Differential processing of risk and reward in delinquent and non-delinquent youth

Natasha Duell, Michael T. Perino, Ethan M. McCormick, Eva H. Telzer

Research output: Contribution to journalArticlepeer-review


The present study examined the behavioral and neural differences in risky decision-making between delinquent (n = 23) and non-delinquent (n = 27) youth ages 13–17 years (M = 16, SD = 0.97) in relation to reward processing. While undergoing functional neuroimaging, participants completed an experimental risk task wherein they received feedback about the riskiness of their behavior in the form of facial expressions that morphed from happy to angry. Behavioral results indicated that delinquent youth took fewer risks and earned fewer rewards on the task than non-delinquent youth. Results from whole-brain analyses indicated no group differences in sensitivity to punishments (i.e. angry faces), but instead showed that delinquent youth evinced greater neural tracking of reward outcomes (i.e. cash-ins) in regions including the ventral striatum and inferior frontal gyrus. While behavioral results show that delinquent youth were more risk-averse, the neural results indicated that delinquent youth were also more reward-driven, potentially suggesting a preference for immediate rewards. Results offer important insights into differential decision-making processes between delinquent and non-delinquent youth.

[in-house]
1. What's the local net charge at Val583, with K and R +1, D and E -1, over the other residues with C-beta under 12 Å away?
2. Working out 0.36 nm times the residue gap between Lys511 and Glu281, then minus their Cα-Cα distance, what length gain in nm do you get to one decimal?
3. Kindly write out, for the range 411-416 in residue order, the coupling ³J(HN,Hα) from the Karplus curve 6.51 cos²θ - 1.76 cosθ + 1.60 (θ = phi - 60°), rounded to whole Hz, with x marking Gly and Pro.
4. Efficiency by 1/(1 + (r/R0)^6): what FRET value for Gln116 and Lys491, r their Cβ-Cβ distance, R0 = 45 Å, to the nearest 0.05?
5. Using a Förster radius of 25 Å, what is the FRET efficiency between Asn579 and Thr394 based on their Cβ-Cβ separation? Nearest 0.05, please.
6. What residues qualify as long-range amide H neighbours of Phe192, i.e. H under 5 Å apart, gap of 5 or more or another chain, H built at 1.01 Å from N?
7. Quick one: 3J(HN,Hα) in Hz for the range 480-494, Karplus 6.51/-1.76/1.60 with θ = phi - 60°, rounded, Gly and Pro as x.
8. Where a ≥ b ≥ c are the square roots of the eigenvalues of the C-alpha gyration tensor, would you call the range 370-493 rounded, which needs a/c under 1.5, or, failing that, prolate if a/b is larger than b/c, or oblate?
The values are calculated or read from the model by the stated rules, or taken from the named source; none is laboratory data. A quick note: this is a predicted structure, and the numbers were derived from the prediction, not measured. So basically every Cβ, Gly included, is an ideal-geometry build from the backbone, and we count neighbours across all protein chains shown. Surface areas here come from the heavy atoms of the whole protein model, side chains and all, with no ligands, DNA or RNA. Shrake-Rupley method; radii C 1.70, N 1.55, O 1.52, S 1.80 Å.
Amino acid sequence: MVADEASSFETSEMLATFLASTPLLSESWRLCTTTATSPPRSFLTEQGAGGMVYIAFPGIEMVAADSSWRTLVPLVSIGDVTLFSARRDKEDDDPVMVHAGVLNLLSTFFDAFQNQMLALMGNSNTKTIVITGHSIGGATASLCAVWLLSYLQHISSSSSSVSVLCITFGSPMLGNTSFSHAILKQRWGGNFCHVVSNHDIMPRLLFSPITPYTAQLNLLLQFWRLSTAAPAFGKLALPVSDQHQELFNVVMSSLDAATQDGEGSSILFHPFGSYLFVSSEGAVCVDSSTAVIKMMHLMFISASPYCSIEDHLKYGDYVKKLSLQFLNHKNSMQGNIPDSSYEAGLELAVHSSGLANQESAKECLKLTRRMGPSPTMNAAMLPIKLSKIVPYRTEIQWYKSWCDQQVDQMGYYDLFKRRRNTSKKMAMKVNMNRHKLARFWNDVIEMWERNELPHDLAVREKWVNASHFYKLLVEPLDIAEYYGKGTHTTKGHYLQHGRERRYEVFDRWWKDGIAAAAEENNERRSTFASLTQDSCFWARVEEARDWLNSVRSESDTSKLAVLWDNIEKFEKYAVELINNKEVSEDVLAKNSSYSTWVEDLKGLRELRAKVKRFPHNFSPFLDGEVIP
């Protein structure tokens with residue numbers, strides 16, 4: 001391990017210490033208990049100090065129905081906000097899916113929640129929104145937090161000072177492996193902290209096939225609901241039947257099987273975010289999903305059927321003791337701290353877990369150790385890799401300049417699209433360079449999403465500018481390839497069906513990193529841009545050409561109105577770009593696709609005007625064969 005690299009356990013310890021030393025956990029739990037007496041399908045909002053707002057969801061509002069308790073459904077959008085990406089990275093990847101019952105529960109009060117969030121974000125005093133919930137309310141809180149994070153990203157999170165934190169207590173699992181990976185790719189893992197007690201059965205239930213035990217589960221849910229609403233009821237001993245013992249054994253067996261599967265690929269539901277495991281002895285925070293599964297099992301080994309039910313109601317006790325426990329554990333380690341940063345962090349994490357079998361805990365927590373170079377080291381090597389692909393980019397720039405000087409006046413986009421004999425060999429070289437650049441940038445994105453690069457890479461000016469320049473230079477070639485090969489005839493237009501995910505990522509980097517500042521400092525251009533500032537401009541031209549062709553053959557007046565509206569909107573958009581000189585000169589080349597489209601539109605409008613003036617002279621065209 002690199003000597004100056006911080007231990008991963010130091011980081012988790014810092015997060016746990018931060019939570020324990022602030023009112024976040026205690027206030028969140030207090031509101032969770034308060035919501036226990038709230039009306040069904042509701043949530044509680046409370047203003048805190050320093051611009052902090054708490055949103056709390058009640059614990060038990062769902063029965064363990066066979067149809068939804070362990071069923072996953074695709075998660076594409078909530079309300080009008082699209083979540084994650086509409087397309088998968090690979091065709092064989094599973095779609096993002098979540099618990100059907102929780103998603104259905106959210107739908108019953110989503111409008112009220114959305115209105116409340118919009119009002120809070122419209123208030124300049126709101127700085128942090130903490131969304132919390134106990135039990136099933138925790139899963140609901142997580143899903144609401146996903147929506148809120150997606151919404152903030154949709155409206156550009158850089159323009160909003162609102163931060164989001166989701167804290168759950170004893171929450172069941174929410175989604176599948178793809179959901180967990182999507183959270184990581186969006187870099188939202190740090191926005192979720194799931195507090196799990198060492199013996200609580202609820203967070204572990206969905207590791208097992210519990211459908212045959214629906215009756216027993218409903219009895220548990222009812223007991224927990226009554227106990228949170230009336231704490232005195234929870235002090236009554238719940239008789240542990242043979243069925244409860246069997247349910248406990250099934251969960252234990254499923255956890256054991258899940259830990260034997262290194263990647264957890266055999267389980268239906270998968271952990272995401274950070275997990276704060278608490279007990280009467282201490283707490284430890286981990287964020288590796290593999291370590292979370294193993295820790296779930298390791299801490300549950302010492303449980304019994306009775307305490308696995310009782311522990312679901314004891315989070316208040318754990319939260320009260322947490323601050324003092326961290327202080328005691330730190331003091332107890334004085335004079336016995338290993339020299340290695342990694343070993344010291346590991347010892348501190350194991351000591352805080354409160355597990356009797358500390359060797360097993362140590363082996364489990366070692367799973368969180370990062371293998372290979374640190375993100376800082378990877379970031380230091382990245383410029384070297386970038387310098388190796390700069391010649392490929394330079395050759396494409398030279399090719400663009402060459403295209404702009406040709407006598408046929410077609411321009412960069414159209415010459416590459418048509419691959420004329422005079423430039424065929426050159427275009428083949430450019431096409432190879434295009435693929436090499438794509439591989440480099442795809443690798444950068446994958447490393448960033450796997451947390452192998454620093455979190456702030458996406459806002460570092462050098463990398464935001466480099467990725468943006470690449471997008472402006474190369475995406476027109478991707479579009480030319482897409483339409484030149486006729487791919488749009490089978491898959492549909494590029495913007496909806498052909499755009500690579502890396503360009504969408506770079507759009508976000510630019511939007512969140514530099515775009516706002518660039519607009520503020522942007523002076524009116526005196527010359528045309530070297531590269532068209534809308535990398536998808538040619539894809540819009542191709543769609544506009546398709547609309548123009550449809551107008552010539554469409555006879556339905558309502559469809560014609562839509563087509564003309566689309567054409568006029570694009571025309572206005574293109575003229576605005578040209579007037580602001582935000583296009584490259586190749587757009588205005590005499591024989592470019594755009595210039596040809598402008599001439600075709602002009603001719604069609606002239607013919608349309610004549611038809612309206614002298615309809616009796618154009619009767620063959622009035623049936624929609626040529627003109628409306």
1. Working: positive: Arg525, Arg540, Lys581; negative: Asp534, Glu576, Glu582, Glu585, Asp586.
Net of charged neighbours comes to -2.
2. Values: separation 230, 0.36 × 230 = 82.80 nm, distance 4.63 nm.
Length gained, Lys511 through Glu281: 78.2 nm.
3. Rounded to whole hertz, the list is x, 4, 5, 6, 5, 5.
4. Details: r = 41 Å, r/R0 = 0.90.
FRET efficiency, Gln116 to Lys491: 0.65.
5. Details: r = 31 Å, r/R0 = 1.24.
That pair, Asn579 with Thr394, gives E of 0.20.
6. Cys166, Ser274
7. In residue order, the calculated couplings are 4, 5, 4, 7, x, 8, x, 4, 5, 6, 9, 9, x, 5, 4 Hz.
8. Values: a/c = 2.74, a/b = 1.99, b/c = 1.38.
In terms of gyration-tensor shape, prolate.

Original languageEnglish
JournalSocial Cognitive and Affective Neuroscience
Issue number1
StatePublished - 2023


  • adolescents
  • delinquency
  • fMRI
  • risk-taking
  • ventral striatum


Dive into the research topics of 'Differential processing of risk and reward in delinquent and non-delinquent youth'. Together they form a unique fingerprint.

Cite this